The game is still fun, but it’s jaw dropping how much the pendulum of difficulty swings from one direction to the next instead of a gradual increase.
Balance Rating: Decent
I think we can all think of classic games where you controlled a ball and tried to get it through a maze. However, none are really like this one. The puzzles here are quite unique and well designed, at least in level layout if not balance. I really haven’t played a puzzle game like this in a long time. Still, for 1200 Xbox Live Points you can get Marble Blast Ultra and Switchball which are similar enough to this game, but lacking the portability.
I like the idea of putting a story to a puzzle game and there are some new ideas contained within Fading Shadows, but it really doesn’t bring anything truly new to the table. It is nice to see another quality Puzzle game for the PSP though.
Originality Rating: Mediocre
Ignoring the difficulty and my general suckiness at a few levels of the game, I was pretty into the game. Generally I don’t play video games when hanging out with friends, but I was bound and determined to get past a few levels in this game. Screw you Emeril Green! I needed to save this confounded orb!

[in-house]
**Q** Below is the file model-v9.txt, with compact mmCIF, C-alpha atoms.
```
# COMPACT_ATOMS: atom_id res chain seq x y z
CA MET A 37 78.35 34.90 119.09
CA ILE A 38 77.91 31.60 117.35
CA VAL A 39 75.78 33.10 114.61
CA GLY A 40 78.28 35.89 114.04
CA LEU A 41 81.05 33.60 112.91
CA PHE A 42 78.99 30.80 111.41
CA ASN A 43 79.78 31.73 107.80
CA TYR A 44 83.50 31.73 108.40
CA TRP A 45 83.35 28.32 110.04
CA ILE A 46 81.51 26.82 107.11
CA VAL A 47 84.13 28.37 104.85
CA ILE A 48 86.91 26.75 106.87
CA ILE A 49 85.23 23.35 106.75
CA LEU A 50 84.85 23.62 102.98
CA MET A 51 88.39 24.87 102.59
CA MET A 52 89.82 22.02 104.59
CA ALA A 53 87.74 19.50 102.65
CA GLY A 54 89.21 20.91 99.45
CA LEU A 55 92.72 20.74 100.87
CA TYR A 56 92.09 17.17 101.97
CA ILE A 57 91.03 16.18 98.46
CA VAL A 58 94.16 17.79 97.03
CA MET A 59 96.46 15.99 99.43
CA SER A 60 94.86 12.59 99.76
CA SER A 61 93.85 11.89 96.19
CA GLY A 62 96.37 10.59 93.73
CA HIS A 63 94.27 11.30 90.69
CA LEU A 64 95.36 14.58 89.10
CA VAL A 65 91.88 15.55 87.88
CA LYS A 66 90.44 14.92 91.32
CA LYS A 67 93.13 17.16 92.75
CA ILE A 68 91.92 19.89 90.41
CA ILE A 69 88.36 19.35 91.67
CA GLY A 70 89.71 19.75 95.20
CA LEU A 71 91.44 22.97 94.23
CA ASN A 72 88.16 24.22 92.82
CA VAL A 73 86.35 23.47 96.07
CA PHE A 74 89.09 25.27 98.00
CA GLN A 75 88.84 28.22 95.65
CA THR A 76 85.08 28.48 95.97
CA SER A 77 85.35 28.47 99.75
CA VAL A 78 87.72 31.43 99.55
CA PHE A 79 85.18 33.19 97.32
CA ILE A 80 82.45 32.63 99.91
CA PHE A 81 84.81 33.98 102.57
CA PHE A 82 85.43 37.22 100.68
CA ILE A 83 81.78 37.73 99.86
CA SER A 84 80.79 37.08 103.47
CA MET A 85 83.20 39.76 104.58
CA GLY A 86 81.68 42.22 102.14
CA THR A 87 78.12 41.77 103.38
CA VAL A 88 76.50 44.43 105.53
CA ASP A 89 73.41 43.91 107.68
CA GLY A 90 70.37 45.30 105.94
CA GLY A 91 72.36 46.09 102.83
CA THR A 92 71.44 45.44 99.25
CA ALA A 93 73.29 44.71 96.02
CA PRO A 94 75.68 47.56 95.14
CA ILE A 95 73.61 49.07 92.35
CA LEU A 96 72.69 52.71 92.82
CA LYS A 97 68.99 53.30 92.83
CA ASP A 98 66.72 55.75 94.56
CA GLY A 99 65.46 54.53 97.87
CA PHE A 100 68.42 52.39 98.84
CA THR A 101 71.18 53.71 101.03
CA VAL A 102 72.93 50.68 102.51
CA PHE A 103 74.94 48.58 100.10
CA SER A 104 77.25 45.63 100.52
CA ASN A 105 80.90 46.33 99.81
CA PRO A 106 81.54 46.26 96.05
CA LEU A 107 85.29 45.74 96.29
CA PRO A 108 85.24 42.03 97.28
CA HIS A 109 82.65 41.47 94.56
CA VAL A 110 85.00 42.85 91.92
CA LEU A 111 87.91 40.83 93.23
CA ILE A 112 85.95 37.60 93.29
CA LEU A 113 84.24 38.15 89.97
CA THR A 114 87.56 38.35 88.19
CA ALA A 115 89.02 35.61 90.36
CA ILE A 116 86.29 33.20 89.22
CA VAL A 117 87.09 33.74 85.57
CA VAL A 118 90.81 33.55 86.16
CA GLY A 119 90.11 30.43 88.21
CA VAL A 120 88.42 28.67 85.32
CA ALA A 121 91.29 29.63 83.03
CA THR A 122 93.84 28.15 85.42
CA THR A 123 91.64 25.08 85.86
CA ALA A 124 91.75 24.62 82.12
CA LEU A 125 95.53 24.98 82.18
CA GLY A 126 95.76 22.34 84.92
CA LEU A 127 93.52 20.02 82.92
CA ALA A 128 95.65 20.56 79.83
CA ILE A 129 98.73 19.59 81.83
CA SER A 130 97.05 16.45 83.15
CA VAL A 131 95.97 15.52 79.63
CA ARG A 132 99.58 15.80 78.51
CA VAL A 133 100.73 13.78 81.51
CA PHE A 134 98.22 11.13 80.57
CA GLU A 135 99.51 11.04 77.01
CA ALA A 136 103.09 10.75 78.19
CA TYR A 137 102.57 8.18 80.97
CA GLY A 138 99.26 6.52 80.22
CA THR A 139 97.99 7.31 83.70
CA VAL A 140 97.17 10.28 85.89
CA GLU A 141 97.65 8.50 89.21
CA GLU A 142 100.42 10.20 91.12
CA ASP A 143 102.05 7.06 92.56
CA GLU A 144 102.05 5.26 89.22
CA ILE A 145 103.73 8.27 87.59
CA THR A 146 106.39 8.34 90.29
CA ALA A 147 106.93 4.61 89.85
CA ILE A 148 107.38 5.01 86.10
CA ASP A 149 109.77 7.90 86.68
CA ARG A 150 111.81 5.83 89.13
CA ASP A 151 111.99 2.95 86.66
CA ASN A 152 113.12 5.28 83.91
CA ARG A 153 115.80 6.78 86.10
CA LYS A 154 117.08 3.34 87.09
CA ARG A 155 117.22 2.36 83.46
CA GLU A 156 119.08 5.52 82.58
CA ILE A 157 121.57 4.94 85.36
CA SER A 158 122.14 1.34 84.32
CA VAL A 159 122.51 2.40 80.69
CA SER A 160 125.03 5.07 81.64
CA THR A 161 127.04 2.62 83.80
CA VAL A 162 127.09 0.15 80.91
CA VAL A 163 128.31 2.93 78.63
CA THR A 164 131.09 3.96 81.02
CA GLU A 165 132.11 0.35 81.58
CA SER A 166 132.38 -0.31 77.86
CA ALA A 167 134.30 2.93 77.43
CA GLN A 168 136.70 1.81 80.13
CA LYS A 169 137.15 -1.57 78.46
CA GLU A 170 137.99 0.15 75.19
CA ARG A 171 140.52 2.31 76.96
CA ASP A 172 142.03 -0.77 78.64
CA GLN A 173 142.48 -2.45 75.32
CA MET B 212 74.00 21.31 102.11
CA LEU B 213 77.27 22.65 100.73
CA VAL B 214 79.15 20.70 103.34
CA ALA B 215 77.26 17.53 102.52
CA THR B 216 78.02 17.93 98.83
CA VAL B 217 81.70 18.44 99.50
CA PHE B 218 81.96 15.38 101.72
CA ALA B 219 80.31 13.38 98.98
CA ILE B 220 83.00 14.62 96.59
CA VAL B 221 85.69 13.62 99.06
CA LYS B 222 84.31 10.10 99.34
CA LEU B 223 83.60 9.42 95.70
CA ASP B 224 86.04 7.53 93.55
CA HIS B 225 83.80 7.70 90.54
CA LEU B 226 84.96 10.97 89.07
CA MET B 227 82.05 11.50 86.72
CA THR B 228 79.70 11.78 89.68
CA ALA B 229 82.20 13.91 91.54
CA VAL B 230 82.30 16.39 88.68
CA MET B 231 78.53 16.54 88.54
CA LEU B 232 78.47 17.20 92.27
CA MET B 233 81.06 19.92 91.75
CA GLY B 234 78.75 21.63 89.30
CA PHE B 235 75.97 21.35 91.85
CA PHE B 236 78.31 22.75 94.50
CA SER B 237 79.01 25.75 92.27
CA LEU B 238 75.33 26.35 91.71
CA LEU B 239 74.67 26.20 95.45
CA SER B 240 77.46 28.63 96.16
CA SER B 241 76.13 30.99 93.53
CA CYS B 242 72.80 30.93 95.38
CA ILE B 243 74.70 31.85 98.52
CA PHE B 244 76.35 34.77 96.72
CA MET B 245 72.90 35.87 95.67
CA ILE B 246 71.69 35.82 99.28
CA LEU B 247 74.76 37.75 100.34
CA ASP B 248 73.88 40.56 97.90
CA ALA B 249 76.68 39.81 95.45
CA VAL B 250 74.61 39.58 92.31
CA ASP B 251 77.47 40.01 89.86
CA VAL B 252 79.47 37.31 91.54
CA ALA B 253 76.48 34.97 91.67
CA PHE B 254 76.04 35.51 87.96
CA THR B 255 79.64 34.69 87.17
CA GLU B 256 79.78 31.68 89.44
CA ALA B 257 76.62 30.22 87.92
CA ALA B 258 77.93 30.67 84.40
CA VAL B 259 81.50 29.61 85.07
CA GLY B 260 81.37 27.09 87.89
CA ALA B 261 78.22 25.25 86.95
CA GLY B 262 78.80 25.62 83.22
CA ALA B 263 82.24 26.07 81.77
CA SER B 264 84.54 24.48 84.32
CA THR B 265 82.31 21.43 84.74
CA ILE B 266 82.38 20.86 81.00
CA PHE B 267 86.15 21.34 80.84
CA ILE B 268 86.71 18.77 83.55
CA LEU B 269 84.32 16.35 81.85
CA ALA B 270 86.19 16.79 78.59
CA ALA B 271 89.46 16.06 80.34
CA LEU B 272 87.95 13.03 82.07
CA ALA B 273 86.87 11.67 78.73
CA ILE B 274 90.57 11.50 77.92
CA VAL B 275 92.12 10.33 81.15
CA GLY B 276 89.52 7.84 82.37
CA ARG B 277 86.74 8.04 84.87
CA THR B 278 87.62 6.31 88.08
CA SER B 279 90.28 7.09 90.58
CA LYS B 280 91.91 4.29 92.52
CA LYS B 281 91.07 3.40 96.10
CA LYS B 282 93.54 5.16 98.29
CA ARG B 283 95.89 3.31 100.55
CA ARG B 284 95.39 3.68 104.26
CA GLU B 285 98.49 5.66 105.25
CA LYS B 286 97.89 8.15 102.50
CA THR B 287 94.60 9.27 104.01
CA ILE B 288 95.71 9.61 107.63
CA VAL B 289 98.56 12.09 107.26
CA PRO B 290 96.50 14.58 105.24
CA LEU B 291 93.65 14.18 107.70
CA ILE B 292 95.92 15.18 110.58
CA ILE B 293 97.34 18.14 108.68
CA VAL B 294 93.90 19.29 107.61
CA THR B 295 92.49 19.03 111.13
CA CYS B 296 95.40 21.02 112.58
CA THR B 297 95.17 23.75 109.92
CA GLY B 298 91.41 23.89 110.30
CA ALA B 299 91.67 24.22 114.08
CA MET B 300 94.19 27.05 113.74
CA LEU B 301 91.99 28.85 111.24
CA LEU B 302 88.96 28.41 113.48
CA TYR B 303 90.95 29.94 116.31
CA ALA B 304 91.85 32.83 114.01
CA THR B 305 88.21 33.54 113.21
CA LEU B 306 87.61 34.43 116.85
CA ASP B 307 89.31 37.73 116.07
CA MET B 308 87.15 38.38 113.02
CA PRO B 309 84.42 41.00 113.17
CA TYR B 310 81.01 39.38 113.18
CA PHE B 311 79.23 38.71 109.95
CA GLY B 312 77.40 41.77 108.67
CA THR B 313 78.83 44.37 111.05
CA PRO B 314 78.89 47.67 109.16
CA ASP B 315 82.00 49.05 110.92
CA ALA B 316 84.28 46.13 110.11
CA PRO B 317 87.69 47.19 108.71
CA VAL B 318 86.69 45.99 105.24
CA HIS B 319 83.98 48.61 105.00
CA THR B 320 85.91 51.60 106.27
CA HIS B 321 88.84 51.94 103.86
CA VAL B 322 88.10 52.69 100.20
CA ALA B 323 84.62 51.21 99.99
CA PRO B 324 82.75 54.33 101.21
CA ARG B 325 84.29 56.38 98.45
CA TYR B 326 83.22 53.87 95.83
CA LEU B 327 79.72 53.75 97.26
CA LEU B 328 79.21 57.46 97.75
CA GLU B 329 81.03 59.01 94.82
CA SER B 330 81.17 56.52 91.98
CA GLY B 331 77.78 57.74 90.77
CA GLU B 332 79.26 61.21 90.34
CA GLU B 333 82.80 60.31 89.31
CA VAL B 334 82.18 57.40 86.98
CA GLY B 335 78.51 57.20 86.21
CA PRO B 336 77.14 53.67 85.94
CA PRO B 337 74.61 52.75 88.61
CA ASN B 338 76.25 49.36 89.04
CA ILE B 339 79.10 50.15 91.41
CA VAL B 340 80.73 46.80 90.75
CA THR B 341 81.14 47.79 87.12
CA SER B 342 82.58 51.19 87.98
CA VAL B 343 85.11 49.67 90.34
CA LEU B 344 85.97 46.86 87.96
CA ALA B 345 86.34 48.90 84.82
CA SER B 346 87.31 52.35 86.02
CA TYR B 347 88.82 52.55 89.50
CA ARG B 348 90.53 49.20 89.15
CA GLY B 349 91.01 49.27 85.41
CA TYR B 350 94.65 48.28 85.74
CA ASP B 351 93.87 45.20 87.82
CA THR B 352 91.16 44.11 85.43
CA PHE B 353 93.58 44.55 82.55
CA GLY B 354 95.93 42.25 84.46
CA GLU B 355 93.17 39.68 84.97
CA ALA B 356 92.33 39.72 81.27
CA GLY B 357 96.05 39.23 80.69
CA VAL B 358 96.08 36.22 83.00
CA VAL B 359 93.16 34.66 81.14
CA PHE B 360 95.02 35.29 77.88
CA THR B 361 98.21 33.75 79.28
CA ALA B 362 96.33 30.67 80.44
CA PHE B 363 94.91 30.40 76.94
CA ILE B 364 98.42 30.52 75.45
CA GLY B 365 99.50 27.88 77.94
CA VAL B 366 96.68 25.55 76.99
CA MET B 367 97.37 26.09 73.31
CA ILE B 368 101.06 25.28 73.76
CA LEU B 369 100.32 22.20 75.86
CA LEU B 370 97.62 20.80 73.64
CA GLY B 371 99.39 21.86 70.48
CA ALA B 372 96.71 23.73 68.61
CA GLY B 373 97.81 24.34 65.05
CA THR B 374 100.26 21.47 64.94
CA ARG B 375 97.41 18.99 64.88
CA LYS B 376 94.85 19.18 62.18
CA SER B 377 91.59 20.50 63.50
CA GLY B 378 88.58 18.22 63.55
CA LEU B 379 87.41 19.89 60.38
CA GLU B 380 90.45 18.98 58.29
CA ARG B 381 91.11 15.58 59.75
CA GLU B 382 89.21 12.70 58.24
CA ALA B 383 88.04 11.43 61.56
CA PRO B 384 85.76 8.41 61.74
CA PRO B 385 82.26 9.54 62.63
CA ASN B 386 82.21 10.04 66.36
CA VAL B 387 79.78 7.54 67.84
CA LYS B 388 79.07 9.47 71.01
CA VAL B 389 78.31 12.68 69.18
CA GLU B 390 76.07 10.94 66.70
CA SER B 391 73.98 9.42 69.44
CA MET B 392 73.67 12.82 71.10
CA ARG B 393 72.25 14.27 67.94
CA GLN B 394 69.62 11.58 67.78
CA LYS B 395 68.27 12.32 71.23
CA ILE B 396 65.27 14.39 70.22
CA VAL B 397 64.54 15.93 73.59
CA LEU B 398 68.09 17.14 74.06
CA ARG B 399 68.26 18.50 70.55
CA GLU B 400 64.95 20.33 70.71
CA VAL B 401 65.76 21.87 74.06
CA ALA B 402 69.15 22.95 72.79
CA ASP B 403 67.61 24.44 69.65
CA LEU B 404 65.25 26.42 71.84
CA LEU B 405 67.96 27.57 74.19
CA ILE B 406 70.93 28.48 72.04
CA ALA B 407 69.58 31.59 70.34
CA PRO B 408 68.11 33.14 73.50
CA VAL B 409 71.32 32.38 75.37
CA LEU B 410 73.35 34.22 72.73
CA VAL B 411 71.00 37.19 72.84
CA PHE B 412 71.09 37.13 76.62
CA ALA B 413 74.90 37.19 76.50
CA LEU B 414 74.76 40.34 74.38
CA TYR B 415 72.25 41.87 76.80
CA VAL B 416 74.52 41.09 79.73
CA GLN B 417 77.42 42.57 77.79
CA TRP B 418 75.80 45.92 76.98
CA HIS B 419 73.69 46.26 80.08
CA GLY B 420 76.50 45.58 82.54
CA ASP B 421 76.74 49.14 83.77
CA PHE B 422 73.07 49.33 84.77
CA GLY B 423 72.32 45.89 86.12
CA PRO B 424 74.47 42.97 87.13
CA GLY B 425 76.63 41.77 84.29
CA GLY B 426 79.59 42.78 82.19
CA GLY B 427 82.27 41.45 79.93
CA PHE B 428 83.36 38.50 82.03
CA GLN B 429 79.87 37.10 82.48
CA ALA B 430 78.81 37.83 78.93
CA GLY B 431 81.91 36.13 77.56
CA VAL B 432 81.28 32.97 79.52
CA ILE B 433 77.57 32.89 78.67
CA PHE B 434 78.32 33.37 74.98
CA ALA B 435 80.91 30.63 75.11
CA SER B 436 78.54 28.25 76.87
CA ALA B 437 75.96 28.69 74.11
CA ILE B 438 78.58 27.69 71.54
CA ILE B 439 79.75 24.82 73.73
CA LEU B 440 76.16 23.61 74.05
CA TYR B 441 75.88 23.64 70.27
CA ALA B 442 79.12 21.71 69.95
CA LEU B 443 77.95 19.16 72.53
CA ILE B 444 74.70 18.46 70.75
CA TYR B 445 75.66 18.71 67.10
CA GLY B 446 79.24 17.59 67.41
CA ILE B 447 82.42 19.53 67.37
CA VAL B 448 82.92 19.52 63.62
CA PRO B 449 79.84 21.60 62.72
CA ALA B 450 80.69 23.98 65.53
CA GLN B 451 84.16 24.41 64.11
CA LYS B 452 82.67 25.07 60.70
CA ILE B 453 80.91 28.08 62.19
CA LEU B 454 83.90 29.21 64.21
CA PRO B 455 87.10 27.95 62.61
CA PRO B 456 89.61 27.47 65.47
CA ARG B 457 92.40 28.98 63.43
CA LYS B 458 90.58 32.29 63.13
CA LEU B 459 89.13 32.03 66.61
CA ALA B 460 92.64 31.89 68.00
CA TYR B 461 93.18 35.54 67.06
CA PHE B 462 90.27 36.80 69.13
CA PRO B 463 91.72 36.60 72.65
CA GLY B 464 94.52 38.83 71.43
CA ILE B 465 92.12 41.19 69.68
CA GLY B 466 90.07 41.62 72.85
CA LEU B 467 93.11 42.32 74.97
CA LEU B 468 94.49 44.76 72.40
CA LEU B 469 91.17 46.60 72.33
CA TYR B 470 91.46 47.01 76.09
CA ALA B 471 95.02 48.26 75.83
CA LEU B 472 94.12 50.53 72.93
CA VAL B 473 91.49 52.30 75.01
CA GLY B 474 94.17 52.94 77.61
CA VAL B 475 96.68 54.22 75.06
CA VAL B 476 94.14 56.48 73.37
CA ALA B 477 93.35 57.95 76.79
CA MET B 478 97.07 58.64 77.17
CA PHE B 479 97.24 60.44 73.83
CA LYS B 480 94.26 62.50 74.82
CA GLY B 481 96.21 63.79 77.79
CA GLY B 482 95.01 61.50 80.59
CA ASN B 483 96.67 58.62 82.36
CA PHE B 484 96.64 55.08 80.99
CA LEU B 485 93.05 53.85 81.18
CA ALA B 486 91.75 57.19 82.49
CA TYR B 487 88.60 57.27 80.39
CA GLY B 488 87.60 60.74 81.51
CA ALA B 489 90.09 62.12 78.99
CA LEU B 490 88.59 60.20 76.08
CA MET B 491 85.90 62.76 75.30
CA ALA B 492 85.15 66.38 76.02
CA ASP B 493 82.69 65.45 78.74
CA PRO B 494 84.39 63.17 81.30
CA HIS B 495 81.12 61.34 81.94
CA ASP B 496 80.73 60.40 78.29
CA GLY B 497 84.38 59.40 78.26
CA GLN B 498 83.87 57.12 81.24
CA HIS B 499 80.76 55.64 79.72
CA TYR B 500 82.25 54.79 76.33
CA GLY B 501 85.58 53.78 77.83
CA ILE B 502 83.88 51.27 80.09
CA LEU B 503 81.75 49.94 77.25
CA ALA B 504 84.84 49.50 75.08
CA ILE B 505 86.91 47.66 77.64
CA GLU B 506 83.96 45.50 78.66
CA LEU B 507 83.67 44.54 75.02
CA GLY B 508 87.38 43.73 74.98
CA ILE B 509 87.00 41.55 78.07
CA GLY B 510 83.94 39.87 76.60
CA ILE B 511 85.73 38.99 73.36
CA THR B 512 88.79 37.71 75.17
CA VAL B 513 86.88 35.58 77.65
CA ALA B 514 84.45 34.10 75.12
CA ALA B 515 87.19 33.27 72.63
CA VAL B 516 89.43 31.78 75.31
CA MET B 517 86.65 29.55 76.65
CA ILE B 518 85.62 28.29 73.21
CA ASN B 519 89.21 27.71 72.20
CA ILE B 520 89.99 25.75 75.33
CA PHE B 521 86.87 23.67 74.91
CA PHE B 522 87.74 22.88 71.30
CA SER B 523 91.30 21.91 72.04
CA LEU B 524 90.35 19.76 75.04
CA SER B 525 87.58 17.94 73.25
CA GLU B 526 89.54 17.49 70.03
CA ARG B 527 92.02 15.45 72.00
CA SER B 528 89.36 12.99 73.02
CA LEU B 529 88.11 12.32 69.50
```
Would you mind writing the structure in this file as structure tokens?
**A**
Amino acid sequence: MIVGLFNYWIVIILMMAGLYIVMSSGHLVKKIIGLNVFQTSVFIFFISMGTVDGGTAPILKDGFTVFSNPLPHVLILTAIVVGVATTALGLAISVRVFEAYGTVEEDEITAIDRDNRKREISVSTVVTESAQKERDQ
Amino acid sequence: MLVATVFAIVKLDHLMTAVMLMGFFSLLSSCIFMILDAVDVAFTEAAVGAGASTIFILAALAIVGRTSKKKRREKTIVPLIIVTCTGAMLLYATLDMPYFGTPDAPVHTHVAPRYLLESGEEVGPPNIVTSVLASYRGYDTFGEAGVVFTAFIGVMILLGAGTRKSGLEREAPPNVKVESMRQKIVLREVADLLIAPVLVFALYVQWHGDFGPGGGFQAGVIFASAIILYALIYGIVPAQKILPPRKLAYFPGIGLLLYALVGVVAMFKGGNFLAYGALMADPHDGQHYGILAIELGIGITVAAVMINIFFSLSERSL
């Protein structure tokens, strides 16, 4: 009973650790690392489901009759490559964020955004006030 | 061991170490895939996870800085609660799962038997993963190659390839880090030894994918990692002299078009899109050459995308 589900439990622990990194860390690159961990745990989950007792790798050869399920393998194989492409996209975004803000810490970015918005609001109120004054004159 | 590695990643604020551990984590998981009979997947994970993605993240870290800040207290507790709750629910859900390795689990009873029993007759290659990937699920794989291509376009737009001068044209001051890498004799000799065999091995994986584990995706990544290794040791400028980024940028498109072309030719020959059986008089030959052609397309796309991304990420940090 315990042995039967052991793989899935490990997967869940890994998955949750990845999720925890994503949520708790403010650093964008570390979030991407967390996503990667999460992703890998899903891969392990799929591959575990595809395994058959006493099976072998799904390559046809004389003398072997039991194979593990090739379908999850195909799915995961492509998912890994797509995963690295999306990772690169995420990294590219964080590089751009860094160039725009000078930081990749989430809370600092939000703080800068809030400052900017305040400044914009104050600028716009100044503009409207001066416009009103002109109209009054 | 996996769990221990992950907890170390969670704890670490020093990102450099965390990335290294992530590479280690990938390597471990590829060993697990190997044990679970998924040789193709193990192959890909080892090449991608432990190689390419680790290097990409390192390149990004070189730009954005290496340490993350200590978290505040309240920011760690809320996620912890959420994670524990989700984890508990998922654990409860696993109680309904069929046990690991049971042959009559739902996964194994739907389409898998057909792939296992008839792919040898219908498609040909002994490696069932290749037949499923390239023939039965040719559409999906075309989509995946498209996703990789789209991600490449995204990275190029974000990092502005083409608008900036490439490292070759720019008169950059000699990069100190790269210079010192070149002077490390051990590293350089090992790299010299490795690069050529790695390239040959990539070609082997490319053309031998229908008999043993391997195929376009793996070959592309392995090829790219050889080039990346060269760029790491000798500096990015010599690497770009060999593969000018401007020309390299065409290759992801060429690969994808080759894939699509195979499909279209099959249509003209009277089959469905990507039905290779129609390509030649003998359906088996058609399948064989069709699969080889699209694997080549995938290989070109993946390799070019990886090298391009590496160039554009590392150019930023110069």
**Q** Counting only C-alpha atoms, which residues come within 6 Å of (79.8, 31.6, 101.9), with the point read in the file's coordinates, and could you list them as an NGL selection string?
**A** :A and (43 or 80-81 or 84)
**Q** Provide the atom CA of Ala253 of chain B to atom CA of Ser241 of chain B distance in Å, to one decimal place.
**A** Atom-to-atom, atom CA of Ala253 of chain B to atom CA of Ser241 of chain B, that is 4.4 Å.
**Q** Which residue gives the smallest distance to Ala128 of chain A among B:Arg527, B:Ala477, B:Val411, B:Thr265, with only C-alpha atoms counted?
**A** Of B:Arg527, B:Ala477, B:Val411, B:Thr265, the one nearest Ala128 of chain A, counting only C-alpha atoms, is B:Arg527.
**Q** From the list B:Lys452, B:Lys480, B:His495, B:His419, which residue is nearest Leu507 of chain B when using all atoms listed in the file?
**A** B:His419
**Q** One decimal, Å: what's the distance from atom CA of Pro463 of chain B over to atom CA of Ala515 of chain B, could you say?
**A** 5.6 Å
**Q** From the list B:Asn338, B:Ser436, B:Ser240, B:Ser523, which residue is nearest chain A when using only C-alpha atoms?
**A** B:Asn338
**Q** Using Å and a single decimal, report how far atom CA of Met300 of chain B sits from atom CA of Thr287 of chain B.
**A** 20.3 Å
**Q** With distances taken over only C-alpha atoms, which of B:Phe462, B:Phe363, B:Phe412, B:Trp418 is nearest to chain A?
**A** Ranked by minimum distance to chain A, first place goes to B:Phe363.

I was sucked into the game, although exceptionally lengthy levels and some weird shifts in level difficulty turned me off at times. I managed to have fun with Fading Shadows , but with no reason to come back to it, my enthusiasm for picking it up again, just isn’t there.
Addictiveness Rating: Enjoyable
9. Appeal Factor
Fading Shadows can be quite difficult at time, so it’s hard to imagine anyone but the extreme puzzle fan enjoying this. It’s not really for the Puzzle Bobble or Tetris crowd.
As well, Agetec has chosen to make this a Gamestop exclusive, which I know has put off at least a few people that were otherwise going to buy it. I wasn’t one of them, as I have a Gamestop in Fairfax that I find to be very reliable, but nonetheless, this remains a sticking point for a few gamers.